• The Obama White House, State Department and intelligence community shrouded the Iran deal in secrecy, hiding risible terms, cash ransom payments to the mullahs, and Tehran’s violations, in order to preserve the arrangement without harming Clinton’s campaign.
  • The NSA and FBI have both been cited by the Foreign Intelligence Surveillance Court for flouting court-ordered restrictions against accessing and exploiting intelligence about Americans gathered under foreign intelligence-collection authorities.
  • Foreign intelligence-collection authorities were used to investigate Trump campaign and transition officials, at least some of whose identities were “unmasked” even though they should presumptively have been concealed under court-ordered restrictions.
  • The New York Times, based on classified leaks, reported that the FBI was consulting with “Obama advisers” while the Bureau investigated Flynn’s communications with Kislyak—communications that were appropriate given that Flynn, as Trump’s incoming national security adviser, was communicating with various foreign officials as the new administration prepared to take power. “Obama officials” pressed the FBI on whether Flynn had discussed a “quid pro quo” with Kislyak—i.e., the possible dropping of sanctions in exchange for Russian cooperation of some kind. The FBI conceded that he had not.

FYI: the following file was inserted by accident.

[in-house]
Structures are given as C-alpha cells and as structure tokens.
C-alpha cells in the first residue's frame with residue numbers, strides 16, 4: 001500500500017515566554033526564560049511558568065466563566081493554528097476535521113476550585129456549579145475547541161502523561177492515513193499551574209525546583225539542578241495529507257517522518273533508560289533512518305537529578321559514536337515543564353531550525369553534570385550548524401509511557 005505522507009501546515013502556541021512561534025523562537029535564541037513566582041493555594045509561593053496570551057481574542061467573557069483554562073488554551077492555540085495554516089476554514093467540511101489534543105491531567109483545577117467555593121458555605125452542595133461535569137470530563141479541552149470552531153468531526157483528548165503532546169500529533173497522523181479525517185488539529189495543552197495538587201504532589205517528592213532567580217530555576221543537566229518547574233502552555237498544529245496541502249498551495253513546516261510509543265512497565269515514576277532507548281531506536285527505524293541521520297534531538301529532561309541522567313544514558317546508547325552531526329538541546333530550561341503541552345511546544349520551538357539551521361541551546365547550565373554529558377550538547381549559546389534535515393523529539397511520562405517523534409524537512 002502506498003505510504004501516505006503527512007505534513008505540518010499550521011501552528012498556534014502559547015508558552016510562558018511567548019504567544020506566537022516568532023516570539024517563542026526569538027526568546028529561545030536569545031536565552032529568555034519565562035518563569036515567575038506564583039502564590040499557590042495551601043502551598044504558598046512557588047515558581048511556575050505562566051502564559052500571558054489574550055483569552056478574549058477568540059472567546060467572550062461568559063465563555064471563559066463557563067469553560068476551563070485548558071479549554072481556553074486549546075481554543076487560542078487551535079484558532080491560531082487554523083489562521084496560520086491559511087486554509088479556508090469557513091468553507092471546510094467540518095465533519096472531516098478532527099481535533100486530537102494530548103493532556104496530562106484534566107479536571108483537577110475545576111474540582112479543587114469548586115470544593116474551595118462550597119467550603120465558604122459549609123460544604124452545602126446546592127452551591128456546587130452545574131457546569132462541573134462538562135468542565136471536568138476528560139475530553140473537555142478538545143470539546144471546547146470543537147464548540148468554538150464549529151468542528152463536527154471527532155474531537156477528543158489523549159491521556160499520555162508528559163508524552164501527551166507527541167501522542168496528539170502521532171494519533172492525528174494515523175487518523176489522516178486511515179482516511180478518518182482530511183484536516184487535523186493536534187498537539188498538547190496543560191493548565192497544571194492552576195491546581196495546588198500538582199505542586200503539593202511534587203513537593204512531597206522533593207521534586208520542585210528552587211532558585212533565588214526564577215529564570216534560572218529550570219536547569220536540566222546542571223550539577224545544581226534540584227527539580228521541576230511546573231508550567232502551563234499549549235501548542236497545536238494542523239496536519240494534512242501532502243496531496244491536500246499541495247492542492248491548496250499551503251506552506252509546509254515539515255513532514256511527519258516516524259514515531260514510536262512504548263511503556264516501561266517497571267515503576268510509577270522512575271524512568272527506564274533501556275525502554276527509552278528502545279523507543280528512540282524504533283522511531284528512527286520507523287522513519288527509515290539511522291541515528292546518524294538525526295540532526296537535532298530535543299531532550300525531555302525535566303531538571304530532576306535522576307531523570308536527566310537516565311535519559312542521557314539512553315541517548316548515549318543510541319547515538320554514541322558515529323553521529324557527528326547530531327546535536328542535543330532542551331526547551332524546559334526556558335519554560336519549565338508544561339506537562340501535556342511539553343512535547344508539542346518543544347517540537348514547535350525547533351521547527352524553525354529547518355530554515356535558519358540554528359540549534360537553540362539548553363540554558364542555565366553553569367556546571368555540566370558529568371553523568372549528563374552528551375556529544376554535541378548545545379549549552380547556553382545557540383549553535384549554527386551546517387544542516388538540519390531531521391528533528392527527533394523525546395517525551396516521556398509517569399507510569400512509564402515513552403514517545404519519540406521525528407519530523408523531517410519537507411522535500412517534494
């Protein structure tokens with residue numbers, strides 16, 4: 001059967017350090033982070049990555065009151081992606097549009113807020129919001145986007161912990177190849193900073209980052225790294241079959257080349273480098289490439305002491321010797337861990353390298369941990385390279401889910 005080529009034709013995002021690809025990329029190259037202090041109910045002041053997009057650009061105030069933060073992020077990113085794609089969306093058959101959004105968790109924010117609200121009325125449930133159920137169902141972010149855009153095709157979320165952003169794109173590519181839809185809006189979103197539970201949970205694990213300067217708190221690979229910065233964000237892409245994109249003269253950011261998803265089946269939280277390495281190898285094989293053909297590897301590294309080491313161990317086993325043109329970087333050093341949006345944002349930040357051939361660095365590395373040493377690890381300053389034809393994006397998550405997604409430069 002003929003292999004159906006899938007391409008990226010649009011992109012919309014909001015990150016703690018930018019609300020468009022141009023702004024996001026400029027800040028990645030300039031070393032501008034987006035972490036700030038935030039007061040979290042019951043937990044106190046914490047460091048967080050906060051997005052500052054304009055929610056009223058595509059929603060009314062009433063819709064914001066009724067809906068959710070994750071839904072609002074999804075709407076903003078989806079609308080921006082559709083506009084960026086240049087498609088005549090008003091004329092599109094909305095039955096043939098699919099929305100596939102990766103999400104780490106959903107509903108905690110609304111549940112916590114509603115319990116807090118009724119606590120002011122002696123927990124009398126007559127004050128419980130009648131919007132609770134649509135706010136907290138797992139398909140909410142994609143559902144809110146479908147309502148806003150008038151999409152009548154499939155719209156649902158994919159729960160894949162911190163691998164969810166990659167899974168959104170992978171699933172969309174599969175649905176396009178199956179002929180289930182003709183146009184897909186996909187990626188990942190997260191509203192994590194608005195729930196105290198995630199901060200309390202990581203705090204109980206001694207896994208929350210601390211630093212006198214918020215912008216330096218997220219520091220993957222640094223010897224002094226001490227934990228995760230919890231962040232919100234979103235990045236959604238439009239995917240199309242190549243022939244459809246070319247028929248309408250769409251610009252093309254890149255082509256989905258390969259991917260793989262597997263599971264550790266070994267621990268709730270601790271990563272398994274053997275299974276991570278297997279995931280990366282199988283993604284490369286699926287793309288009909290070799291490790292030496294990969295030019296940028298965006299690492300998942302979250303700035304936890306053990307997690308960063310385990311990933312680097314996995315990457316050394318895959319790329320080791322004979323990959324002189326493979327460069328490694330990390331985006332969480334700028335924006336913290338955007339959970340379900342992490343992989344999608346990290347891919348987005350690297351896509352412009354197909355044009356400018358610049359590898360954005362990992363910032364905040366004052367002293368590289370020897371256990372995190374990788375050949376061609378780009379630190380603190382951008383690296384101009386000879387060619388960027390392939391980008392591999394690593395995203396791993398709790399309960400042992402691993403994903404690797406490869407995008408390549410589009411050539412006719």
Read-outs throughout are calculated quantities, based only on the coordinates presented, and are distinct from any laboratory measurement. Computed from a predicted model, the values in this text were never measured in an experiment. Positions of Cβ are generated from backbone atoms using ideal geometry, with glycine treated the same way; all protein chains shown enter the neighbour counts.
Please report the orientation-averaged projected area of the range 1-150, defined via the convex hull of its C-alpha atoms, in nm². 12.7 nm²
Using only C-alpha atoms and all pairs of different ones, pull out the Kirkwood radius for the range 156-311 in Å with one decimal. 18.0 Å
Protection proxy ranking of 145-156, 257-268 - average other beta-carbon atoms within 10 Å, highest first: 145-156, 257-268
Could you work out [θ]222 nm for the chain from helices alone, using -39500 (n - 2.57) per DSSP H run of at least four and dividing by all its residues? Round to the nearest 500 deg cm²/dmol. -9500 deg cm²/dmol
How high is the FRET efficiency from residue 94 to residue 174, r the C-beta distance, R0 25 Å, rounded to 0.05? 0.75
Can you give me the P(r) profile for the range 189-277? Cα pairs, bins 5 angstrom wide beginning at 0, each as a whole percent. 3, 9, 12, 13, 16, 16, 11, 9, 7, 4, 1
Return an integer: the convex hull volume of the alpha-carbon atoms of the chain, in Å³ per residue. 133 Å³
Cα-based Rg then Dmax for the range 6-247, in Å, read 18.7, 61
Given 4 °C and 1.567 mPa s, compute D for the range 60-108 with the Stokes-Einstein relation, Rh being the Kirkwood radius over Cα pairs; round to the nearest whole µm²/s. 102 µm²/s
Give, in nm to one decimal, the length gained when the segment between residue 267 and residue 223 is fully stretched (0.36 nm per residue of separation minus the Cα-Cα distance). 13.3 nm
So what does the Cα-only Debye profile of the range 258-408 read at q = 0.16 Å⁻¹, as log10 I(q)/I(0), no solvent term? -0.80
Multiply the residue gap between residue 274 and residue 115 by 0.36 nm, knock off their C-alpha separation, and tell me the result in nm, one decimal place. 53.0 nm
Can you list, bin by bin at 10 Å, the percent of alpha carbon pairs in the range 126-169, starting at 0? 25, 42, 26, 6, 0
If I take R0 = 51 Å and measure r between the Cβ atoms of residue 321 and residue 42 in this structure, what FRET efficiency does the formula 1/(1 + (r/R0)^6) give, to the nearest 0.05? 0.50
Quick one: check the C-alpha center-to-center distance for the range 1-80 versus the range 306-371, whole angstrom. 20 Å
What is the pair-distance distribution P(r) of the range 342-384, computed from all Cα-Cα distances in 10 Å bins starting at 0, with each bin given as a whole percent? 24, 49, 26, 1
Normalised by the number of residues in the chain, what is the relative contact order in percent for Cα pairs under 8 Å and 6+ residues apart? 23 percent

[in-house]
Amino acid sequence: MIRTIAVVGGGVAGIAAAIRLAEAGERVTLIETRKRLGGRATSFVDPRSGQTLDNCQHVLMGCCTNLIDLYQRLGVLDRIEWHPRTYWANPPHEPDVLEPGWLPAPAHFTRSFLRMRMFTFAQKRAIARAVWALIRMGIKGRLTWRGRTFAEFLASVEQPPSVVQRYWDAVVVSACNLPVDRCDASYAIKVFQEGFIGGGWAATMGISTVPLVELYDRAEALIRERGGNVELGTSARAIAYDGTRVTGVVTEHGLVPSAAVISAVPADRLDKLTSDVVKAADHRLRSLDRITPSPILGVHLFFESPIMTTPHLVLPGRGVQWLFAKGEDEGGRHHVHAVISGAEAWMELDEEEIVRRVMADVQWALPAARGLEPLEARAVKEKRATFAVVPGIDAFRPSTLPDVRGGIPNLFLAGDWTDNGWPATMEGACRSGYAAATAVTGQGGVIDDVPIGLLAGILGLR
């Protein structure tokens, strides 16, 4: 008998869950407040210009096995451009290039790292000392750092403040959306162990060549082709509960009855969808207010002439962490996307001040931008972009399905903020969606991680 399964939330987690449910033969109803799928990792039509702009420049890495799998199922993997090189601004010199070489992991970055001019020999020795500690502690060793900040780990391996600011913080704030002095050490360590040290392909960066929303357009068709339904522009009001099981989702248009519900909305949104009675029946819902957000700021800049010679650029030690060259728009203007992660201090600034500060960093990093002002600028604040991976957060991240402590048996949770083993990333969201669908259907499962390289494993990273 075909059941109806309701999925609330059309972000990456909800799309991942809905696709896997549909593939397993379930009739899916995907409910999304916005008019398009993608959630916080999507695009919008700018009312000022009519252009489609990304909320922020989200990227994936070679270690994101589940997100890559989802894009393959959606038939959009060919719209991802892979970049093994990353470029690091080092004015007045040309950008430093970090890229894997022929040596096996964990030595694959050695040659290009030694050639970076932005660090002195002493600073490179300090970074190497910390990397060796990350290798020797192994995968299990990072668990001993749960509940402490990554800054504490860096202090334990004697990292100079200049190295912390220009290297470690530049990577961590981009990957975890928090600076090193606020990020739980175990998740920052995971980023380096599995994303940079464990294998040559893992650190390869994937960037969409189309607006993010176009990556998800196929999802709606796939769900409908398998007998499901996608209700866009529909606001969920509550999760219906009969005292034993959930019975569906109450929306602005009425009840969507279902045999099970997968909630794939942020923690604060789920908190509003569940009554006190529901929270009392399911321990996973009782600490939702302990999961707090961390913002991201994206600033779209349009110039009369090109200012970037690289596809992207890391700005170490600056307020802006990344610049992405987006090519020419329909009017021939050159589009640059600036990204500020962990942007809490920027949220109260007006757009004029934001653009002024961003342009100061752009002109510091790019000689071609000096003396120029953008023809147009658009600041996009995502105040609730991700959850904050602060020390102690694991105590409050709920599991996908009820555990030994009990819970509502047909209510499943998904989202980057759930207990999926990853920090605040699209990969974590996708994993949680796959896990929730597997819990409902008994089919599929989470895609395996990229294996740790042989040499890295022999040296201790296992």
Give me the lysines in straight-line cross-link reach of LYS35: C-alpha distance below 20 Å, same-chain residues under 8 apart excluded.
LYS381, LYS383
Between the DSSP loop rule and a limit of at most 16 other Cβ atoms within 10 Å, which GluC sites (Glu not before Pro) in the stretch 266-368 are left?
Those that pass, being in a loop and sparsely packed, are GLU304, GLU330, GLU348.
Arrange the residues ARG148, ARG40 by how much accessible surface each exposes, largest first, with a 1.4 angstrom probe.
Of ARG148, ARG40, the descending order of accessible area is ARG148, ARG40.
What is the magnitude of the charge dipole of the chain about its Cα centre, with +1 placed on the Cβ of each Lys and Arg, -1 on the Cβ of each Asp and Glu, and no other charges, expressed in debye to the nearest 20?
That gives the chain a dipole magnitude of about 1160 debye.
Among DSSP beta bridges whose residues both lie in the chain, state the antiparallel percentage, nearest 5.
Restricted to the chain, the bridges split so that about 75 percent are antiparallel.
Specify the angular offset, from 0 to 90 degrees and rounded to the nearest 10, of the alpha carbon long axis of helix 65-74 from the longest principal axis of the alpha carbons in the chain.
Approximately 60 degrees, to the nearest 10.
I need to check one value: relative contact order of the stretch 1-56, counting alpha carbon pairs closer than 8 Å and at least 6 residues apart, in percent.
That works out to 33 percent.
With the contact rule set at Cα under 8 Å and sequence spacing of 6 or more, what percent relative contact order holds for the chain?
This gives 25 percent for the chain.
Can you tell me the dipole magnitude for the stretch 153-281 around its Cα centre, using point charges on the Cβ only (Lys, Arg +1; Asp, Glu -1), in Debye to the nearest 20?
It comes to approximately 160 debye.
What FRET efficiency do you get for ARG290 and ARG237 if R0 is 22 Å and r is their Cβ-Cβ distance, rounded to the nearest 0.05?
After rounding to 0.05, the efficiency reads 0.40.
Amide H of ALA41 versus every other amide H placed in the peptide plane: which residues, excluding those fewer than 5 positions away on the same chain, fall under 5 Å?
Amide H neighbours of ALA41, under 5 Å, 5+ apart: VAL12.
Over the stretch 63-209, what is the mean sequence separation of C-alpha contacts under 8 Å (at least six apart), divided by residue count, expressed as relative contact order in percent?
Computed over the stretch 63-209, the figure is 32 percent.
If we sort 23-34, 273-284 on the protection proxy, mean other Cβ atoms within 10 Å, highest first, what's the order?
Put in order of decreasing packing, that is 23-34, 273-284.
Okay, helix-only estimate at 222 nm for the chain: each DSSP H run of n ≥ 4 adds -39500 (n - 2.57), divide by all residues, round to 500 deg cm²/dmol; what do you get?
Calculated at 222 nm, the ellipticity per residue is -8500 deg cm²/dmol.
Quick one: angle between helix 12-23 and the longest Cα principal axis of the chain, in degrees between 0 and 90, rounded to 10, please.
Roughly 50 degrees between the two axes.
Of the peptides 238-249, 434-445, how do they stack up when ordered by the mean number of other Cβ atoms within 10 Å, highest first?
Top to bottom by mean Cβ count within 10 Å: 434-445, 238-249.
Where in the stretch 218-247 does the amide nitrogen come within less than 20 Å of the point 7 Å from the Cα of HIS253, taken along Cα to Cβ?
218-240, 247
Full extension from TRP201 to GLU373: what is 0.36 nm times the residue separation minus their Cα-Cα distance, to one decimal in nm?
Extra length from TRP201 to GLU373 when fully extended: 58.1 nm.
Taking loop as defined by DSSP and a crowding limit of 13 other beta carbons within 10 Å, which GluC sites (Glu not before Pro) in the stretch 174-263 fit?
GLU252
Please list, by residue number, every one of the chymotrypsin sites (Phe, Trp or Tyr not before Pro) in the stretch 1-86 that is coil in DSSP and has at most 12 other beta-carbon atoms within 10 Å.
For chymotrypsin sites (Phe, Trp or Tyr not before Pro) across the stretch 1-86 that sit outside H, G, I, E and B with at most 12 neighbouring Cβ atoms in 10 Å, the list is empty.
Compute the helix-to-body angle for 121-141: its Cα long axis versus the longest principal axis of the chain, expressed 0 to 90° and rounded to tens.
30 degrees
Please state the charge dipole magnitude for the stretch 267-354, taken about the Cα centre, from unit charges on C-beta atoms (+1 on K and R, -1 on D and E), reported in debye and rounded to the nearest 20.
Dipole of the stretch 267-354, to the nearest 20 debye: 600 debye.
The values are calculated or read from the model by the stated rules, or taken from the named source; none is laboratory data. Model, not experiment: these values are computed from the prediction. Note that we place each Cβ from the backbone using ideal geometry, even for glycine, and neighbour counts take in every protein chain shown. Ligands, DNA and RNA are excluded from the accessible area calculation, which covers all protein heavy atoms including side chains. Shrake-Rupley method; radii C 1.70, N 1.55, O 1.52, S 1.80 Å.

• In a strangely timed order just days before his administration ended, President Obama loosened the restrictions on access to raw intelligence, allowing the NSA to share it throughout the community of intelligence agencies before sanitizing it to protect American identities in accordance with privacy protections. This would geometrically increase the likelihood of leaks of classified information involving American citizens.